Easy enough for someone in Texas to say. But Germans can be as nervous about the future as they are uneasy about the past.

Michael Scott Moore

Rafts of the Medusa

Why every day on the Mediterranean is a new scandal for Europe. For both Foreign Policy and Die Zeit.

California’s Attempt at Land Reparations

How land seized from a Black family 100 years ago may be returned. The Bruce’s Beach story from a hometown angle, for The New Yorker

Day of the Oprichnik, 16 Years Later

The novelist Sorokin, the president Putin, his man Dugin, and the war in Ukraine. For n + 1.

There Must Be Some Way Out of Here

An essay on Bob Dylan, “All Along the Watchtower,” and Somali pirate captivity.

My Century, by Günter Grass

A pastiche-novel in 100 chapters, rooted in the political surges of Germany’s horrid and fascinating 20th century.

Denis Johnson, Poet of the Fallen World

“I’m kinda like Ozzy Osbourne,” says Denis Johnson in a distracted moment, explaining that he might not remember to call me back. “My wife was just telling me that.”

Cambodian Seafarers Talk About Pirates

Mike visits Cambodia for The New Yorker to talk about a harrowing shared experience in Somalia

The Muslim Burial

Cambodian hostages remember digging a grave for one of their own. A sequel chapter to The Desert and the Sea

The Real Pirates of the Caribbean

Adventure journalism in Southern California. A travel essay for The Paris Review.

Antifa Dust

An essay on anti-fascism in Europe and the U.S., for the Los Angeles Review of Books

Was Hitler a Man of the Left?

A book that helped Republicans in America lose their damn minds.

Ghosts of Dresden

The Allied firebombing of Dresden in 1945 destroyed the baroque center of what Pfc. Kurt Vonnegut called, in a letter home from Germany, “possibly the world’s most beautiful city.”

George Freeth, Biographed

The first academic treatment of America’s surf pioneer. Also, was Freeth gay?

It’s Called Soccer

Americans live on what amounts to an enormous island, defended on two shores by the sea, and we’ve evolved a few marsupial traditions that nobody else understands.

Tilting at Turbines (in the Severn River)

The morning was clear and cold, with frost on the church steeple and the cemetery grass. I had a quick English breakfast at a white-cloth table, in my wetsuit, and drove to Newnham, a village on the Severn River in Gloucestershire, parking near the White Hart Inn.

This Will Kill That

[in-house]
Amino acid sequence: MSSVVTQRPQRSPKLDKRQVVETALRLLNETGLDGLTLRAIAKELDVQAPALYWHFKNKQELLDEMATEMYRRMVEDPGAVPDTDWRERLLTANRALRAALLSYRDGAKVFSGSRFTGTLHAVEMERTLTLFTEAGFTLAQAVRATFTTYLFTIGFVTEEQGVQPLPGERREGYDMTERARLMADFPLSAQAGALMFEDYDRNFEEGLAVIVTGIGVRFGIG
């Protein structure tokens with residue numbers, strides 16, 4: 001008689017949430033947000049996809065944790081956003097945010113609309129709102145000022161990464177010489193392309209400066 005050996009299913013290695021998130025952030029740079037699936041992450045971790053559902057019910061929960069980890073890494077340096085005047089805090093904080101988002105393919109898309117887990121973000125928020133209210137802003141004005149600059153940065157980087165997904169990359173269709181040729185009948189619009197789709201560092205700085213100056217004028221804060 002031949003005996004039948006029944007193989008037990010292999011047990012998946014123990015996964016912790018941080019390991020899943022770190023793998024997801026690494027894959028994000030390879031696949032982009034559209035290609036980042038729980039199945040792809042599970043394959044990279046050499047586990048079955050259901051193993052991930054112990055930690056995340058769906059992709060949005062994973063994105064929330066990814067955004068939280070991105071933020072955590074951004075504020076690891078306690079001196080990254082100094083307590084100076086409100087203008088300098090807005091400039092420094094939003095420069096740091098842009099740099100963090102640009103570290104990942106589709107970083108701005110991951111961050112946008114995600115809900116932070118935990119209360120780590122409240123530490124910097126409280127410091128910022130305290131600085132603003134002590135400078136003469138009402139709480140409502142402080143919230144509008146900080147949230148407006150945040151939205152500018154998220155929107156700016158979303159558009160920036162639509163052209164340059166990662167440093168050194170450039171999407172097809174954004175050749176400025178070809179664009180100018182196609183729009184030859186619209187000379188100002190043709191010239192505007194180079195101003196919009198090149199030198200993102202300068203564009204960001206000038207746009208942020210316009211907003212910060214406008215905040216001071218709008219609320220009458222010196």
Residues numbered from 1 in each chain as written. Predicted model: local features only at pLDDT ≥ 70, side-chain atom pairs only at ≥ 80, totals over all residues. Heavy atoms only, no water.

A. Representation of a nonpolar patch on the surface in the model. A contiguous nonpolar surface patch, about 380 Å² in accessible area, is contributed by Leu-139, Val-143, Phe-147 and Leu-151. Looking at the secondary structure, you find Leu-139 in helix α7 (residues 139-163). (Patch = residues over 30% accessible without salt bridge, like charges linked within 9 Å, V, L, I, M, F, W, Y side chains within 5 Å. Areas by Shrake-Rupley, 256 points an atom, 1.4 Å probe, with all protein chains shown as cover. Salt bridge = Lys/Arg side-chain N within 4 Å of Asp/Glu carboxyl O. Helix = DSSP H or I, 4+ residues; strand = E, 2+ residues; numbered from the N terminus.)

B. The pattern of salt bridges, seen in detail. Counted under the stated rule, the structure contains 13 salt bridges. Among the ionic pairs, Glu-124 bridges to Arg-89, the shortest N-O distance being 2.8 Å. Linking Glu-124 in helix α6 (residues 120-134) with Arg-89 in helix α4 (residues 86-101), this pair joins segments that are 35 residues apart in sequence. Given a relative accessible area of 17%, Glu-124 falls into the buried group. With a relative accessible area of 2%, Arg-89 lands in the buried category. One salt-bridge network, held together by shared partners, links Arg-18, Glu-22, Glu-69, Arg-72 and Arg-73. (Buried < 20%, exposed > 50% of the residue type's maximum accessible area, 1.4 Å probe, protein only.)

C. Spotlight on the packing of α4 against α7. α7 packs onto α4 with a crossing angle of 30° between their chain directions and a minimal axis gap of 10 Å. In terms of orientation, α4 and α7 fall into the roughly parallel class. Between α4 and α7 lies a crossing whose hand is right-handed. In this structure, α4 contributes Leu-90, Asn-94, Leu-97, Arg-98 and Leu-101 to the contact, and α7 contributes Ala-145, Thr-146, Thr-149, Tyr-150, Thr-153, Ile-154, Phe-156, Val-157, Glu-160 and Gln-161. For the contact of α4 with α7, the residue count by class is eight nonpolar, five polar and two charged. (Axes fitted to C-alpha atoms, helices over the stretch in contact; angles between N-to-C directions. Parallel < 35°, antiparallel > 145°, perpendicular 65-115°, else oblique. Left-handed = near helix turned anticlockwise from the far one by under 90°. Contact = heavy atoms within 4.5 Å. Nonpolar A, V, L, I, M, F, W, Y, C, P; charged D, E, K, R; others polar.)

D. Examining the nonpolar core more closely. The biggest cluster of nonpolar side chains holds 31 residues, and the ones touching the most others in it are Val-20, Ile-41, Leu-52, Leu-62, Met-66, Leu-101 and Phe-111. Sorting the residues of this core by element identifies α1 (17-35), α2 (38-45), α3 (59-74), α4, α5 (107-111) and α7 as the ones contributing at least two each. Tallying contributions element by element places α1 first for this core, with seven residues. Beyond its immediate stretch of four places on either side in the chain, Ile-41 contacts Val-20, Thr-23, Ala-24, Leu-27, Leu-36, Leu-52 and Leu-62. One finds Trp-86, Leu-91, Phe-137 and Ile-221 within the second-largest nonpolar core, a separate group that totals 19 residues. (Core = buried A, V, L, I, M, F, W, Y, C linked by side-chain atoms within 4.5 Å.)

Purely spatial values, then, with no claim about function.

What if technology makes reading old-fashioned?

The Curse of El Rojo

I’d packed the car lightly — a bag of clothes, a bag of cassette tapes, a backpack of books, a few essential tools.


True story about a bomb threat aboard a United flight in the months before 9/11.

Michael Scott Moore is a journalist and a novelist, author of a comic novel about L.A., Too Much of Nothing, as well as a travel book about surfing, Sweetness and Blood, which was named a best book of 2010 by The Economist. He’s won Fulbright, Logan, and Pulitzer Center grants for his nonfiction, as well as a Silver Nautilus Award in Journalism and Investigative Reporting; and Yaddo, MacDowell, and DeWitt Wallace–Reader’s Digest fellowships for his fiction.

He’s been a visiting professor at the Columbia School of the Arts and UC Riverside. He worked for several years as an editor and writer at Spiegel Online in Berlin. Michael was kidnapped in early 2012 on a reporting trip to Somalia and held hostage by pirates for 32 months. The Desert and the Sea, a memoir about that ordeal, became an international bestseller.

full bio

Newsletter Signup

Speaking Events

My review of a book about the drone war, Hellfire from Paradise Ranch, is up at the Los Angeles Review of Books.

While I was in Somalia a man called Geoff Carter wrote about a picture of Indian men surfing on stand-up boards around 1800 off Chennai, which altered the known history of surfing a bit, even though the picture was hiding in plain sight at the Australian National Maritime Museum.

My review of Ingrid Betancourt's first novel, The Blue Line, is up at the Los Angeles Review of Books.

The men from the Naham 3 are all friends of mine — a crew of 26 sailors from southeast Asia who worked on a tuna long-liner flagged in Oman but owned by a company in Taiwan, which abandoned them after Somali pirates hijacked the ship in 2012.



Lucinda Literary

135 E 57th St
6th Floor
New York, NY 10022
(917) 722-6323


Yelena Nesbit Harper Wave

195 Broadway
New York, NY 10007
(212) 207-7075